The New York Times Blog has posted a highly interesting piece on the future of personal computing as we know it. As of right now, there have been 3 major operating systems begging for your attention; those being Microsoft Windows, Mac OS X and the various distributions of Linux. Each have their place and at least a piece of the market share but as the New York Times pointed out, for how much longer are these traditional user interfaces going to last?
Google has already planted a very large foot in the door with their Android operating system which will soon be releasing for Netbooks and other devices that are not just mobile phones. The iPhone OS will be seen on the new iPad coming next month and I’m thinking we will hear about even more devices getting these slimmed down operating systems. While the choice to bring an existing, familiar OS to the iPad was smart, I can’t help but find it a bit restricting.
Bringing the iPhone OS over to a new platform did not change the positives and negatives about the platform. Positive points being that there are already hundreds upon thousands of applications readily available for download upon the launch of the device. The negative side being the app store itself being the sole provider of the applications. If this turns out to be the way of the future in the way computing is done, I could see an open platform such as Android dominating much more than a closed OS such as the iPhone.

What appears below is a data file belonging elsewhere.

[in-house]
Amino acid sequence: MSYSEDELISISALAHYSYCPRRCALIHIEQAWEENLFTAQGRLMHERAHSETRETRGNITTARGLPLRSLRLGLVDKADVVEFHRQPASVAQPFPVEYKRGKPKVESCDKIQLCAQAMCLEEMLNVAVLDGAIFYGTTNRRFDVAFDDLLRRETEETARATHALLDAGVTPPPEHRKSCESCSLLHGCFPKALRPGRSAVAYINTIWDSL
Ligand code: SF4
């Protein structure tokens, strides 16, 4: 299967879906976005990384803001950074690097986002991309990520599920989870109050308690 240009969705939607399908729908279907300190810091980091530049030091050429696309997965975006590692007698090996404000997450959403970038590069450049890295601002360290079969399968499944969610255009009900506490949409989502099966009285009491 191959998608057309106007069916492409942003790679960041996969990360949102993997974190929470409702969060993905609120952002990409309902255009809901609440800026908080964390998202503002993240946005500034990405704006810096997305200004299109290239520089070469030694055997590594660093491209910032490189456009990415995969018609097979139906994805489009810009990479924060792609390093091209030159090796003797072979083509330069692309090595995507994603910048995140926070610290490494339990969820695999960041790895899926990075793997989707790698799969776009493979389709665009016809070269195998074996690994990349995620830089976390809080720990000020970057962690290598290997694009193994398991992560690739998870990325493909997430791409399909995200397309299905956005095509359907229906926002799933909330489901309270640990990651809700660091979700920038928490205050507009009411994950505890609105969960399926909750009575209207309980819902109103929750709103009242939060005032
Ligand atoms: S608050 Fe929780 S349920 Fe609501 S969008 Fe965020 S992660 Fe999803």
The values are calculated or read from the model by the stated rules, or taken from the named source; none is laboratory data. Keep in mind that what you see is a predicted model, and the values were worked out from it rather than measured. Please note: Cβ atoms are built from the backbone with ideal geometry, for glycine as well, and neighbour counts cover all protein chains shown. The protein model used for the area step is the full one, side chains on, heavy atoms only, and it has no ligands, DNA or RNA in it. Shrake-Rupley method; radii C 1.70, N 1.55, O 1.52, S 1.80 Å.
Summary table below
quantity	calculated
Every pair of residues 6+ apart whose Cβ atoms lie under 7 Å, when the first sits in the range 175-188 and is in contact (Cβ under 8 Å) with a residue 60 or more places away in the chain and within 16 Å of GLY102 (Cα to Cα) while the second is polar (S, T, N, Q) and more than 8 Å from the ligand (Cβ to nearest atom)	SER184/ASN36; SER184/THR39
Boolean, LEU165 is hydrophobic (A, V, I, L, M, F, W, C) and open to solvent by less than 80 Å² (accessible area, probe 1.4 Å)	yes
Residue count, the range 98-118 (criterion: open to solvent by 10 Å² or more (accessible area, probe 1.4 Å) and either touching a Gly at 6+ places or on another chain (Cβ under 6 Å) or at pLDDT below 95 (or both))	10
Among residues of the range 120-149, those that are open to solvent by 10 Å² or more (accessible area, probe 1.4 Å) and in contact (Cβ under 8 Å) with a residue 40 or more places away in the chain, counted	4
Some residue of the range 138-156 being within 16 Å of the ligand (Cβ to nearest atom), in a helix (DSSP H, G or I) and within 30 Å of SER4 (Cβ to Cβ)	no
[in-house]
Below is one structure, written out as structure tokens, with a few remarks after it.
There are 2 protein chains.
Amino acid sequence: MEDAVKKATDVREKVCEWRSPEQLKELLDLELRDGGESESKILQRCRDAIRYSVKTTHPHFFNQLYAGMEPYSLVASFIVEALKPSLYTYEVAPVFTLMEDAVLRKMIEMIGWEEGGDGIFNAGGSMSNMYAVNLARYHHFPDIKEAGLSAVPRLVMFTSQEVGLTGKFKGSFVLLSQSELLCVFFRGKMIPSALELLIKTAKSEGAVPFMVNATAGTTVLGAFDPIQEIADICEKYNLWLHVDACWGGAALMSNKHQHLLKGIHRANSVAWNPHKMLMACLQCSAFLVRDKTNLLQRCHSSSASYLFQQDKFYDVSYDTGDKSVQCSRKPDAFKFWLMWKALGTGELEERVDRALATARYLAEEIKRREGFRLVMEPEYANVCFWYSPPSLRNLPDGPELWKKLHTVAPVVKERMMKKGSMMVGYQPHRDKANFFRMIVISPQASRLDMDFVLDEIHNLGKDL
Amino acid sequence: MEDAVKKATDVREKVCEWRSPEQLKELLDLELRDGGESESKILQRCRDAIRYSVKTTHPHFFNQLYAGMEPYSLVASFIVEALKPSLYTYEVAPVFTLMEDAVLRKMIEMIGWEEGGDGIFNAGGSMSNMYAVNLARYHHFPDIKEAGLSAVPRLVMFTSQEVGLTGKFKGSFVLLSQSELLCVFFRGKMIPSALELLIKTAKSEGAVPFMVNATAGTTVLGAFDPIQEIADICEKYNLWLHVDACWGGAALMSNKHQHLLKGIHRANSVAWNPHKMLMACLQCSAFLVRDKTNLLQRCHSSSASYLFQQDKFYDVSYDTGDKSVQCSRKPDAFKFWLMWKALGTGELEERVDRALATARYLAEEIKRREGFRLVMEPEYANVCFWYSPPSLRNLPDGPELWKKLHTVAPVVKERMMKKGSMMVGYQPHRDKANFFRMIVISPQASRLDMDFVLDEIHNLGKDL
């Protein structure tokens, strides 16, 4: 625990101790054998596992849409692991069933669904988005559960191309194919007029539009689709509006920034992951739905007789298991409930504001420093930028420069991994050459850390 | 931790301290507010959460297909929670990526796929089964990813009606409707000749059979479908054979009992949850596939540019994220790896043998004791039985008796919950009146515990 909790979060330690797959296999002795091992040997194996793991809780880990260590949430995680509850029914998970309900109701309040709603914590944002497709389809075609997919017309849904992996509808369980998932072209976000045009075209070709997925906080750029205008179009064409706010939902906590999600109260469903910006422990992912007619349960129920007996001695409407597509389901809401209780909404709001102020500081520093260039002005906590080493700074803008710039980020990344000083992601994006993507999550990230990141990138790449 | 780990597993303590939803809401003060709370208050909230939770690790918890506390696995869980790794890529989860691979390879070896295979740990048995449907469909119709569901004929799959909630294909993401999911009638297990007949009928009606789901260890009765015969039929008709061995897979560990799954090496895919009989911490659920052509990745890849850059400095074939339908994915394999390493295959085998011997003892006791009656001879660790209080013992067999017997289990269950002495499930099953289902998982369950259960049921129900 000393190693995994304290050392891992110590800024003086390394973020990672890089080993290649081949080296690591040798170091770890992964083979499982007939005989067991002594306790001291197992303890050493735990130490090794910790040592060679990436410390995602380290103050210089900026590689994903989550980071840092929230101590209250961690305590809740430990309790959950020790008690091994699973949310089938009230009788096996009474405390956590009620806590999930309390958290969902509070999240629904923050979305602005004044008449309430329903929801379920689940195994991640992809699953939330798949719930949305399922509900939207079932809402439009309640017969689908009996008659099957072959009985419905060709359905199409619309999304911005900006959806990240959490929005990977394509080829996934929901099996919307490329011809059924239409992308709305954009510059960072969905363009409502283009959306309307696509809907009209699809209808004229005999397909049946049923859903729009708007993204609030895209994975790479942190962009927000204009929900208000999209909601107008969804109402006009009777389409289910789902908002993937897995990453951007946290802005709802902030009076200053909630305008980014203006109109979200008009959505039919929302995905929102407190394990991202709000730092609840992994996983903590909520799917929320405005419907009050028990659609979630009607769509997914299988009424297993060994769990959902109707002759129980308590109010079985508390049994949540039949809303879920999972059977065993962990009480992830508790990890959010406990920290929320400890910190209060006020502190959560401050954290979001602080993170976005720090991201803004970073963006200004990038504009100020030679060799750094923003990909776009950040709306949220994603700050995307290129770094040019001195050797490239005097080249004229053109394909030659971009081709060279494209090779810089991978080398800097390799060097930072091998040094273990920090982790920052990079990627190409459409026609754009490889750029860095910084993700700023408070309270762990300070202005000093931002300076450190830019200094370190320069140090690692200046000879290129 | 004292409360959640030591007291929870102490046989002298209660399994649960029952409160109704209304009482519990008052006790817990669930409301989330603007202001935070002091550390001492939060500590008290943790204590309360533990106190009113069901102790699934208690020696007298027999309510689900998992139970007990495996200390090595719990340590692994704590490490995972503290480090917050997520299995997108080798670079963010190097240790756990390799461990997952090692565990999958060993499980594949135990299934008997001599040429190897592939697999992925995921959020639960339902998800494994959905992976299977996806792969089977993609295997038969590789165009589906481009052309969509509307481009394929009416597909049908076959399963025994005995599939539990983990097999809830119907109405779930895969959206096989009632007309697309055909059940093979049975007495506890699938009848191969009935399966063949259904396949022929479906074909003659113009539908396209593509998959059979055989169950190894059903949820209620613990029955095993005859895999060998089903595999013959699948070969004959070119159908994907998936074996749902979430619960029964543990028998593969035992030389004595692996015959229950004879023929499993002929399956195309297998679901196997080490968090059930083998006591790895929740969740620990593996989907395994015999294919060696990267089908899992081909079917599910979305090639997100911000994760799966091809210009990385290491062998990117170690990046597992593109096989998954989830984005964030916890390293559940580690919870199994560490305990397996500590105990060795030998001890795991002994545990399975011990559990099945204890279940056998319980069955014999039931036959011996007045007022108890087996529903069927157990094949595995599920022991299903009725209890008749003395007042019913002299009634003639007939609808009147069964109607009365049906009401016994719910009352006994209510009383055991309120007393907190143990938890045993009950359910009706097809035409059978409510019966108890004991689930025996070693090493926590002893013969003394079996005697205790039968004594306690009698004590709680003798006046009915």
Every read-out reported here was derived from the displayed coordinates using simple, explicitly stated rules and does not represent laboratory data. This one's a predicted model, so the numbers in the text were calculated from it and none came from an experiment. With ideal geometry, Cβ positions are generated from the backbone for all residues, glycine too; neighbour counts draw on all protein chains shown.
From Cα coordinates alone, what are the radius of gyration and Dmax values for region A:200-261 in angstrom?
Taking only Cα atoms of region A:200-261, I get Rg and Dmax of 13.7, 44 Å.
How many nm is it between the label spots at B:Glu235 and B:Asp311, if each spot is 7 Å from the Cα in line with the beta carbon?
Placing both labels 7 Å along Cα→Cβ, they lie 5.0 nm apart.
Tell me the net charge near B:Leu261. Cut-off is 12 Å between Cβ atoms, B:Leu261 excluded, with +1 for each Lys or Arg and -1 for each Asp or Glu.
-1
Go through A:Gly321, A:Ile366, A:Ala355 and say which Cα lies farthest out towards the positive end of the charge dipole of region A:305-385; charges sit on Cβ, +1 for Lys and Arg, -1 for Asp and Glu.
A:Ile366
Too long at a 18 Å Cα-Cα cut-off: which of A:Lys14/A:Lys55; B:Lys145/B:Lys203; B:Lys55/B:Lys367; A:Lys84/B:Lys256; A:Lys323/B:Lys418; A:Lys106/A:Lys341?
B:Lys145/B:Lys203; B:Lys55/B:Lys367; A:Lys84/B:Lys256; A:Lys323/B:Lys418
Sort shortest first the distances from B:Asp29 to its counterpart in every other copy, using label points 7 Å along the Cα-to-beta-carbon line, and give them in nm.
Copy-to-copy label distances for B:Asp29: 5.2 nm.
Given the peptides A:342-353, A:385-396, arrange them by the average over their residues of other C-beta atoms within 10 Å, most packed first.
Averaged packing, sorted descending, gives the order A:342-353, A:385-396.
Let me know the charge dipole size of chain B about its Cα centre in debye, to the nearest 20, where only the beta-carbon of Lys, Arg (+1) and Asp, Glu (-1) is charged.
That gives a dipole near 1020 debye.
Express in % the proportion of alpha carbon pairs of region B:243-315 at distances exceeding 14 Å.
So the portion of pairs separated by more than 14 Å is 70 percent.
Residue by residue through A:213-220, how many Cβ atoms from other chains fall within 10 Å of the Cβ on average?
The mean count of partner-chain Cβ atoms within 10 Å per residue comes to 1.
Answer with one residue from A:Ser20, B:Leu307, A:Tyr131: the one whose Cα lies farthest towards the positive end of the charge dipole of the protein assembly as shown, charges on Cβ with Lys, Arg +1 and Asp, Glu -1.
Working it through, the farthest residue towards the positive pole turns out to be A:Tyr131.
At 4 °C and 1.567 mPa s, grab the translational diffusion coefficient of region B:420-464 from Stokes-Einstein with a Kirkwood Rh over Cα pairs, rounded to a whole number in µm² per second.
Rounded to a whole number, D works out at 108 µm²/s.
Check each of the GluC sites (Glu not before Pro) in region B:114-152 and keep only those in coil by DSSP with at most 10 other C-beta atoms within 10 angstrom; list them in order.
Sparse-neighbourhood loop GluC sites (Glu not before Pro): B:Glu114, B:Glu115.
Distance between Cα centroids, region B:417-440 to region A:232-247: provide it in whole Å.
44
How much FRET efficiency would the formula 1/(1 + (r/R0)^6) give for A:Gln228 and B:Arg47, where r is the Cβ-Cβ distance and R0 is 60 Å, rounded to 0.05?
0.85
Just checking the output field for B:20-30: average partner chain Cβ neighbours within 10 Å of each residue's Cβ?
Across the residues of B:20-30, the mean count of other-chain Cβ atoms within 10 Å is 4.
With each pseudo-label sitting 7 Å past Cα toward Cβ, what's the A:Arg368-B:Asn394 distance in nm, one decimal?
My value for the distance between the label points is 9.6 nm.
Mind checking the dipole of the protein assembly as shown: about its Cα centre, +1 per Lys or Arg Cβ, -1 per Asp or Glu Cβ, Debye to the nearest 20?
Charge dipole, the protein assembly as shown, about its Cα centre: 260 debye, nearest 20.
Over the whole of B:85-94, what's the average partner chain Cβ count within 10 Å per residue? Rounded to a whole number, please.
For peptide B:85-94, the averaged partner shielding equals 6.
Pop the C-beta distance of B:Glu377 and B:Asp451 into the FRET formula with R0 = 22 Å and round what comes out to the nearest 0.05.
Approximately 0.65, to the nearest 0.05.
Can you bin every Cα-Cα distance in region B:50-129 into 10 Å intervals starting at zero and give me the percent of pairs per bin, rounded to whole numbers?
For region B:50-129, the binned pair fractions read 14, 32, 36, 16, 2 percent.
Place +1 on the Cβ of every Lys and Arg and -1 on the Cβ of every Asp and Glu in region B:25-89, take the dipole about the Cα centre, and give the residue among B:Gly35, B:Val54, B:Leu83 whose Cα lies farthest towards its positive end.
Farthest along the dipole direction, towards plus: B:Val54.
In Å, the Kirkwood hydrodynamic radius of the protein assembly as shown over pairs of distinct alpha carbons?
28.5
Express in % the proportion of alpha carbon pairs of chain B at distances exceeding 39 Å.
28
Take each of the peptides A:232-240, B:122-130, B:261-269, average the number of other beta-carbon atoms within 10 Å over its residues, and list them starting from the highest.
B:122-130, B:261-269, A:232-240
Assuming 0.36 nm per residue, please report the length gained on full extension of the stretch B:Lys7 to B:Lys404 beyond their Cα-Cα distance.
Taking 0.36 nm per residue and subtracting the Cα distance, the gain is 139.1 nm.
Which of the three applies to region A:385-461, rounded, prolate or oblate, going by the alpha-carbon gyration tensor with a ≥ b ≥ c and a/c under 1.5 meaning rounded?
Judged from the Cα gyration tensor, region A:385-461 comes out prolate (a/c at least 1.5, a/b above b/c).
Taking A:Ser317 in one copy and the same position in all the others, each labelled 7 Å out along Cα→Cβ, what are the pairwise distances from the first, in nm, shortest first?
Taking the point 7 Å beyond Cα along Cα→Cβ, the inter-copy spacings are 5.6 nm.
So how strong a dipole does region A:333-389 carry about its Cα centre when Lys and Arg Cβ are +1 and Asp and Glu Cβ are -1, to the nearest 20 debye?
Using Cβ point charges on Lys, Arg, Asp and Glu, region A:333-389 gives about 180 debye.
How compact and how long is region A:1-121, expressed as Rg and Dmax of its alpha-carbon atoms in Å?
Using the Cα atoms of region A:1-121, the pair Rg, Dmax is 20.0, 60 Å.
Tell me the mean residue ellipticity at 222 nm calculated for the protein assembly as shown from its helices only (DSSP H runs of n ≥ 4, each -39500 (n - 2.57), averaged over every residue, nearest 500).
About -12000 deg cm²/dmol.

While I do agree that more user friendly experiences will come to the home computer at some point, I can’t help but see a different light in the way certain aspects of the OS are handled. For instance, I enjoy using Google Voice as my main voicemail provider on my cell phone. On the Android, a convenient application exists that allows me to access and listen to that voicemail easily and efficiently. On the iPhone, such an application does not exist because of Apple’s censorship policies. Essentially, I believe that the rules of the game would have to be dramatically changed before the current PC user interfaces can be overhauled to match the mobile world.